Both the pericardial fat pad and pleural effusions can be mistaken for pericardial effusions. The parasternal long-axis view is most helpful to accurately define the effusion with the descending aorta, posterior to the mitral valve and left atrium, serving as a landmark: the posterior pericardial reflection is located anterior to this structure. Fluid anterior to the posterior pericardial wall is pericardial, whereas a pleural effusion will lie posterior. The pericardial fat pad is an isolated dark area with bright speckles, located anteriorly; unlike fluid, it is not gravity dependent. Rather than competing with the cardiac chambers for space within the pericardial sac, the fat pad moves synchronously with the myocardium throughout the cardiac cycle. [1,2] (Figure 2)

Figure 2[1]


A pericardial effusion discovered on POCUS in the ED may be mistaken for tamponade, leading to inappropriate and invasive management in the form of pericardiocentesis.[2]

Patient tolerance of pericardial effusions depends on the rate by which they accumulate. As little as 150-200 mL of rapidly accumulating effusion can cause tamponade whereas much larger amounts of slowly accumulating fluid can be well tolerated. Pericardial effusions formed gradually are accommodated by adaptations in pericardial compliance. A tamponade physiology is reached once the intrapericardial pressure overcomes the pericardial stretch limit.[2] (Figure 3)

Figure 3[2]


The core echocardiographic findings of pericardial tamponade consist of:

  • a pericardial effusion
  • diastolic right ventricular collapse (high specificity)
  • systolic right atrial collapse (earliest sign)
  • a plethoric inferior vena cava with minimal respiratory variation (high sensitivity)
  • exaggerated respiratory cycle changes in mitral and tricuspid valve in-flow velocities as a surrogate for pulsus paradoxus

In the unstable patient with clinical and echocardiographic findings of tamponade, an emergent pericardiocentesis is indicated.[2]

A retrospective cohort study of non-trauma emergency department patients with large pericardial effusions or tamponade, ultimately undergoing pericardiocentesis, found that effusions identified by POCUS in the ED rather than incidentally or by other means saw a decreased time to drainage procedures, (11.3 vs 70.2 hours, p=0.055).[3]

Point of care ultrasound is a valuable tool during the initial evaluation of the undifferentiated hypotensive emergency department patient but should be interpreted judiciously and within clinical context to avoid unnecessary emergency procedures.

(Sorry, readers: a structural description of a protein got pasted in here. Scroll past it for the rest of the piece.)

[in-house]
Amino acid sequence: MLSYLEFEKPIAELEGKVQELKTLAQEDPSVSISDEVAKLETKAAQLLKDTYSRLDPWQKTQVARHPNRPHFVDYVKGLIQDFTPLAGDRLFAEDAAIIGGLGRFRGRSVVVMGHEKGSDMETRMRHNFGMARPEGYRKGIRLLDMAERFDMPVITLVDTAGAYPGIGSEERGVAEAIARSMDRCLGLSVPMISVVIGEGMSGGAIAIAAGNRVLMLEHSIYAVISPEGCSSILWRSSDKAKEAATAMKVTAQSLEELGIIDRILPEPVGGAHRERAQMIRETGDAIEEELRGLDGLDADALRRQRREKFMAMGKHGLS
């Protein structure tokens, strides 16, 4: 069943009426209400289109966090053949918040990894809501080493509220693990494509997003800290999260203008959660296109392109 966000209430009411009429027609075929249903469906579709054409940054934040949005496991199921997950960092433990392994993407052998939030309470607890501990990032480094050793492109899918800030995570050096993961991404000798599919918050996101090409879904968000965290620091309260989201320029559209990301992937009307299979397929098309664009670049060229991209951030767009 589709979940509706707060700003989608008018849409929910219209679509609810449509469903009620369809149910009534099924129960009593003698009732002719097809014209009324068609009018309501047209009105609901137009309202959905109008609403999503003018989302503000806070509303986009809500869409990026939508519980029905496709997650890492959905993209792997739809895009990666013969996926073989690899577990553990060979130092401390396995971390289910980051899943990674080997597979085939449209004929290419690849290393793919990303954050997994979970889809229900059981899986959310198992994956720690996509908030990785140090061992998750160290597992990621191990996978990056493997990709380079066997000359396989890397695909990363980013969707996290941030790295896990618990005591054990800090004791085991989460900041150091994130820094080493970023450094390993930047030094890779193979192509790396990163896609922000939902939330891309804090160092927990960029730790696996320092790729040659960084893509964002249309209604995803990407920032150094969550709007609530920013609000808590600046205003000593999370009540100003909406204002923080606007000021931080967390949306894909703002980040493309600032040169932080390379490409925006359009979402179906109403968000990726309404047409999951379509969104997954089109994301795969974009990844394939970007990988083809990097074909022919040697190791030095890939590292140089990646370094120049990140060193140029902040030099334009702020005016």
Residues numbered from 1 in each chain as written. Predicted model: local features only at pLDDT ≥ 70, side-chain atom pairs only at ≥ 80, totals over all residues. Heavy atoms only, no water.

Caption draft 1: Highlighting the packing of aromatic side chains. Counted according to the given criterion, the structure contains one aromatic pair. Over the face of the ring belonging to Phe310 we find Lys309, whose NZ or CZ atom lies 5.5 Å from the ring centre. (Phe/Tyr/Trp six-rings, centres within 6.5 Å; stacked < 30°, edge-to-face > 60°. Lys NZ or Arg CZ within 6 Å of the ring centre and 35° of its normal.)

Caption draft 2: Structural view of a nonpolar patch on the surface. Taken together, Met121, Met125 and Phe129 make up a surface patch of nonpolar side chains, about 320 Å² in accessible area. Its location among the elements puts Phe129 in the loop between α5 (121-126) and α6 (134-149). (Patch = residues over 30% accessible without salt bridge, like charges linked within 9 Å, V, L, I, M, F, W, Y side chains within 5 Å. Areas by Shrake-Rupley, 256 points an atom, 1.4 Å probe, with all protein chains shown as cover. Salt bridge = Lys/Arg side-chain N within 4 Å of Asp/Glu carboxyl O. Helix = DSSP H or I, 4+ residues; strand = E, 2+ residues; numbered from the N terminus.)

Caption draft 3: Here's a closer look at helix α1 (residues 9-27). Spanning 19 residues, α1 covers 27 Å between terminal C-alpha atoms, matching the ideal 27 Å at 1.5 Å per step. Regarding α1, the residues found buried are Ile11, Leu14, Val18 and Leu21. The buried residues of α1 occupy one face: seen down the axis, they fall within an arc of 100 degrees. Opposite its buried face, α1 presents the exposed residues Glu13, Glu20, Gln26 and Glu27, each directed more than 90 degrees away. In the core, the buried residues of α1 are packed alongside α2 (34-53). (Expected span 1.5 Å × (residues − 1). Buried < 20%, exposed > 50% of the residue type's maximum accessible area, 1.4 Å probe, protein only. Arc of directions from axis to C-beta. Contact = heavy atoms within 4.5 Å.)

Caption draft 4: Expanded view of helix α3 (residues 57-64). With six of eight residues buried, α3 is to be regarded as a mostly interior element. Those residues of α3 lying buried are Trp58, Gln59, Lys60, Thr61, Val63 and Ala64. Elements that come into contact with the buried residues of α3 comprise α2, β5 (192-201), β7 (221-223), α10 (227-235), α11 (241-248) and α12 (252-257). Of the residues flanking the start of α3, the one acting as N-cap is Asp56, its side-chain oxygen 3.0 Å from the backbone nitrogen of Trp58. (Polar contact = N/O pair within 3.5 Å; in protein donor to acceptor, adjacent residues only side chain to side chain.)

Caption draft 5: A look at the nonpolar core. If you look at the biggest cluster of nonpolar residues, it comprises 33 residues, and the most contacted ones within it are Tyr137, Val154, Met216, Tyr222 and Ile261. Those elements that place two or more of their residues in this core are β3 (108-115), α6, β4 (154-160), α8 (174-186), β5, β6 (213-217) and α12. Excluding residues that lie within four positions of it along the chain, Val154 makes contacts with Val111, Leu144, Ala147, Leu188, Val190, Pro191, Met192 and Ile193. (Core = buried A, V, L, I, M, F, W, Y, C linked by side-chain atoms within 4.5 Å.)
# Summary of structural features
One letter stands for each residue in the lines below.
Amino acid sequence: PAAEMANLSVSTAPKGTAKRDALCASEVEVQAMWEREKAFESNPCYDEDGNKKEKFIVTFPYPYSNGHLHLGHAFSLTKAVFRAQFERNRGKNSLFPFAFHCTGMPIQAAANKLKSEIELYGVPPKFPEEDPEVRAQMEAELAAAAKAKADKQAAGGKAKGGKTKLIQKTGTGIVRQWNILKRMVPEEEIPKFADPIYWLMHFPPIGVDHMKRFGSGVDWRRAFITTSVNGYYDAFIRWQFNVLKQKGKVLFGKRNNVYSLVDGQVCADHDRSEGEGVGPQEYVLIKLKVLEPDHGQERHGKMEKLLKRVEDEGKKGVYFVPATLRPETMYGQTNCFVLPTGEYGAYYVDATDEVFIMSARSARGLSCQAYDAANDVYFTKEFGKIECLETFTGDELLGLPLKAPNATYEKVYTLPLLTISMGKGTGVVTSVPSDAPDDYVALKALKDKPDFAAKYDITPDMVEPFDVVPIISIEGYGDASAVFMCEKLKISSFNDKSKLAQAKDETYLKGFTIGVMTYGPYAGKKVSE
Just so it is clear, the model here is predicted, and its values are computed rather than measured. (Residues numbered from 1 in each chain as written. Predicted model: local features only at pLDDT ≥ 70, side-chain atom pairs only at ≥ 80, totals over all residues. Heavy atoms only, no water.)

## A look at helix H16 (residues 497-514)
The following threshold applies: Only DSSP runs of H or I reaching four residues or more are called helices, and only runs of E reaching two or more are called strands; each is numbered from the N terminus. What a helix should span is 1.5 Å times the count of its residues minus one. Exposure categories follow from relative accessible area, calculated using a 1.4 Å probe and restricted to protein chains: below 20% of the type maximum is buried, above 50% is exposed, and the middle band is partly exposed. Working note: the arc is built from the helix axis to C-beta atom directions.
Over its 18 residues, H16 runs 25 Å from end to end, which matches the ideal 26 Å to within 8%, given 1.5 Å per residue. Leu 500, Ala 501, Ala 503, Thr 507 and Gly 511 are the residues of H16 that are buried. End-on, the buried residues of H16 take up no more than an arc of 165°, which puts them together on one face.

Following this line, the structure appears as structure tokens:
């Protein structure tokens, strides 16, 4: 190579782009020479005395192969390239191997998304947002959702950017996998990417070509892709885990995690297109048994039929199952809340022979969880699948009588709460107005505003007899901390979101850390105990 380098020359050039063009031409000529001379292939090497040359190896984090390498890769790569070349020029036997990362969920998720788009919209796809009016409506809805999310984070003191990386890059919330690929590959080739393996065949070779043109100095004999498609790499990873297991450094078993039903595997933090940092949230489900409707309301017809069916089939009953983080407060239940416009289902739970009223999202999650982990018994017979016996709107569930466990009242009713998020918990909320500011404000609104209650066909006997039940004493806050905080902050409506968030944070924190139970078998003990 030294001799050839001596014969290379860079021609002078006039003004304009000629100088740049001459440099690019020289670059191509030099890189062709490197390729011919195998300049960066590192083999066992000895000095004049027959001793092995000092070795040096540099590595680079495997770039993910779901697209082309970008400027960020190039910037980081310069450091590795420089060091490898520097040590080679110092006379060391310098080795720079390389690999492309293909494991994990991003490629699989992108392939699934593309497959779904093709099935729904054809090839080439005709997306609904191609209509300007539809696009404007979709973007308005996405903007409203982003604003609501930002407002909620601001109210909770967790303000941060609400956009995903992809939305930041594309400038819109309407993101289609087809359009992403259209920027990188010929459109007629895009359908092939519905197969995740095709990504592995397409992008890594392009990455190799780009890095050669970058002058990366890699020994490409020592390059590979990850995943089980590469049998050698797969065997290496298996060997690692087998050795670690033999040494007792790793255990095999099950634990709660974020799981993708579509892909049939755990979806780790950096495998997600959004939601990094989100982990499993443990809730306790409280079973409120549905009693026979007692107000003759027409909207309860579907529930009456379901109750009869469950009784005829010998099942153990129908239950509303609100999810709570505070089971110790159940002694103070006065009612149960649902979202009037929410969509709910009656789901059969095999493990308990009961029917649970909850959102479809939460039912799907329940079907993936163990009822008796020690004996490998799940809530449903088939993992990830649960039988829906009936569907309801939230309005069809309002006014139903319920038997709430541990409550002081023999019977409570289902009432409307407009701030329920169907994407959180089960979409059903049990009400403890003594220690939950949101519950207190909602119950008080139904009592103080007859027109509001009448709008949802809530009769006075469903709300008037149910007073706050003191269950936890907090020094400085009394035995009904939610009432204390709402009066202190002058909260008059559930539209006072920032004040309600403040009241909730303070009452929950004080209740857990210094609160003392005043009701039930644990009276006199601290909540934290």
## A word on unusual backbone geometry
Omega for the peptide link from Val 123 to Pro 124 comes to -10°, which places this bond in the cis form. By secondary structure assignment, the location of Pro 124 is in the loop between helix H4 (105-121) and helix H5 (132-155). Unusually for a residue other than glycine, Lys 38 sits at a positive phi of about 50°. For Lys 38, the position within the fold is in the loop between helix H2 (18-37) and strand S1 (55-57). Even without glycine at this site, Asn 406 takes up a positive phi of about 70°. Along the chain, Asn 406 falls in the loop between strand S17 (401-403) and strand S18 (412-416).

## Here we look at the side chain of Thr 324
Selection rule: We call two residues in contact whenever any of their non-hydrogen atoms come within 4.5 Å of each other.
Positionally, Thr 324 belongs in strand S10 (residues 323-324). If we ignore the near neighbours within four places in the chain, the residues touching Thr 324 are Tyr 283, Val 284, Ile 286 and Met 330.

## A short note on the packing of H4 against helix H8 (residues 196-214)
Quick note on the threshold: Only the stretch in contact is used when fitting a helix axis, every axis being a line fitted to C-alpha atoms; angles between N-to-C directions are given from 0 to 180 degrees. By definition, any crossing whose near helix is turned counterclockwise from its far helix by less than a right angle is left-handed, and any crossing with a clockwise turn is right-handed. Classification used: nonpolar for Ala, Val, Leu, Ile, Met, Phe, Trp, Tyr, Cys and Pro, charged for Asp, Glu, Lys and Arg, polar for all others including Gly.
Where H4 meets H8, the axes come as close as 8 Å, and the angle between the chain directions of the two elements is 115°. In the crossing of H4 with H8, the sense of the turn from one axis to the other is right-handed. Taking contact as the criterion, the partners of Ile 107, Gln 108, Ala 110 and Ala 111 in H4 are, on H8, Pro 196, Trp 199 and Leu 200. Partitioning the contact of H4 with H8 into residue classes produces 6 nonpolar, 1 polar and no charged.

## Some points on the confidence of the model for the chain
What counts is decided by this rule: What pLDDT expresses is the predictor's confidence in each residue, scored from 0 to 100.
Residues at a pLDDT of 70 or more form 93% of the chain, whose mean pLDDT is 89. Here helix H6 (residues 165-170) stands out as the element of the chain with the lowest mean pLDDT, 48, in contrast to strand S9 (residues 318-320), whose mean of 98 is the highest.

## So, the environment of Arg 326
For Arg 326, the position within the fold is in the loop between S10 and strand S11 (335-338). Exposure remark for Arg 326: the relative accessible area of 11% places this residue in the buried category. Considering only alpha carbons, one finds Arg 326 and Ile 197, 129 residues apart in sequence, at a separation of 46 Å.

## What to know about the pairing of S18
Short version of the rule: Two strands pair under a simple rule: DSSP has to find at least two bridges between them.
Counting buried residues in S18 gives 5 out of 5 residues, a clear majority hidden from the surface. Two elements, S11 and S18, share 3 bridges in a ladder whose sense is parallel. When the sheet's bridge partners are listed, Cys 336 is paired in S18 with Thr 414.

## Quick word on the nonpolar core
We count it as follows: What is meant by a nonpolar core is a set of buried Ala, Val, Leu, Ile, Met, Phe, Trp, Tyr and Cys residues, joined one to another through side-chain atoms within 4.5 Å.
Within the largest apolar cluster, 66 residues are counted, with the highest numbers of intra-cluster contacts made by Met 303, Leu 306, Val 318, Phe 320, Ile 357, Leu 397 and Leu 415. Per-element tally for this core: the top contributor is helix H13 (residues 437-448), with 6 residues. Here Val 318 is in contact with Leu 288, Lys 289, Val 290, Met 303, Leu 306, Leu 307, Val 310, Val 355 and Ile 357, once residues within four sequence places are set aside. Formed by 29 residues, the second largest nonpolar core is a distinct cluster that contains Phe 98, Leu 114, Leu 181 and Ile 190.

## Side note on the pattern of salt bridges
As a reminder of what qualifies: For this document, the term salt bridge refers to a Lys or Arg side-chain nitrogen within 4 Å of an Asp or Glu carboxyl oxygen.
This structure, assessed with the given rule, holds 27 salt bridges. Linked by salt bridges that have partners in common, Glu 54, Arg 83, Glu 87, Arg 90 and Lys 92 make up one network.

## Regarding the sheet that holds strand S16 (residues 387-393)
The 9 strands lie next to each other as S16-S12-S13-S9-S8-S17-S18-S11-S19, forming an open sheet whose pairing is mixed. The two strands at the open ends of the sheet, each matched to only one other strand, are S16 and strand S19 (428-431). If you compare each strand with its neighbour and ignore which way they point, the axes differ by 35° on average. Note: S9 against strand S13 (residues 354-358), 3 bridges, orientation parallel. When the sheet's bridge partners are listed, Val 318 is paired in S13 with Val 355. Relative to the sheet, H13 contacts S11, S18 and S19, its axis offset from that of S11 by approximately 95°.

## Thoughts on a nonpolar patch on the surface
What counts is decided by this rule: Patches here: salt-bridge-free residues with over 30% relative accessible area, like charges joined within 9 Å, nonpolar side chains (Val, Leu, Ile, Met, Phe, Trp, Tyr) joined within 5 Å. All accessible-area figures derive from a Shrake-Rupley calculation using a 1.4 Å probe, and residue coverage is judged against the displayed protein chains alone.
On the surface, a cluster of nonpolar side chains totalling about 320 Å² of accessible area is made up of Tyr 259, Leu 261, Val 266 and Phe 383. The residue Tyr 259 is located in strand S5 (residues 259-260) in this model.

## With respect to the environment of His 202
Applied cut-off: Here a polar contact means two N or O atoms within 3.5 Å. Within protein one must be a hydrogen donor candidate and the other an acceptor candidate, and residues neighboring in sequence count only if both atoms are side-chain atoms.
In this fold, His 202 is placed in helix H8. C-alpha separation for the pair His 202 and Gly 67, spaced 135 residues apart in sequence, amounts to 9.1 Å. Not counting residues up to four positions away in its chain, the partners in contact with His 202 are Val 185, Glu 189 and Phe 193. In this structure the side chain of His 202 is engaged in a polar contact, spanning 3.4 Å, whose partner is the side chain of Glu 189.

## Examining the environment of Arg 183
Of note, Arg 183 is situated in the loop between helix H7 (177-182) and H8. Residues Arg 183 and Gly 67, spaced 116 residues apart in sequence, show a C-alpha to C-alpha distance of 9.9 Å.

Additional Images

From GrepMed


 

echocardiogram-pericardial-tamponade-alternans-effusion

 


References

  1. Goodman, A., Perera, P., Mailhot, T., & Mandavia, D. (2012). The role of bedside ultrasound in the diagnosis of pericardial effusion and cardiac tamponade. Journal of emergencies, trauma, and shock, 5(1), 72.
  2. Alerhand, S., & Carter, J. M. (2019). What echocardiographic findings suggest a pericardial effusion is causing tamponade?. The American journal of emergency medicine, 37(2), 321-326.
  3. Alpert, E. A., Amit, U., Guranda, L., Mahagna, R., Grossman, S. A., & Bentancur, A. (2017). Emergency department point-of-care ultrasonography improves time to pericardiocentesis for clinically significant effusions. Clinical and experimental emergency medicine, 4(3), 128.

 

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Hemiplegic Migraine

Medical Student Clinical Pearl – January 2020

Alyssa BeLong, B.Sc.(Hon)

Dalhousie Medicine New Brunswick

M.D. Candidate, Class of 2021

Reviewed and Edited by Dr. David Lewis

All case histories are illustrative and not based on any individual


Case Presentation

A 45-year-old female presented with sudden-onset left-sided vision loss, right arm paralysis and auditory changes 24 hours ago. She subsequently developed a throbbing pain (6/10) behind her left eye which radiated over her scalp, with a sensation of water dripping down the back of her neck. Her symptoms resolved within 30 minutes except for ongoing headache and photophobia.


Differential Diagnosis

A variety of conditions may present with transient unilateral weakness or hemiplegia: (4)

  • Hemiplegic Migraine
  • Transient Ischemic Attack (TIA): Typically present with sudden onset of all symptoms rather than progression from one to another. A TIA is also less likely to present with headache, nausea, photophobia, phonophobia.
  • Brain Tumor: Typically present as progressive rather than transient neurologic symptoms.
  • Epilepsy with Post-Ictal Paralysis: Would expect paroxysmal symptoms at time of onset or change in level of consciousness as well as post-ictal confusion. Duration of symptoms also makes this unlikely.
  • Stroke-like Migraine Attacks After Radiation Therapy (SMART)
  • Other possible but rare/unlikely diagnoses include headache and neurologic deficits with cerebrospinal fluid lymphocytosis (HaNDL), CNS infection, Sturge-Weber syndrome as well as certain inherited disorders and metabolic disturbances.

Case Continued – History and Physical Exam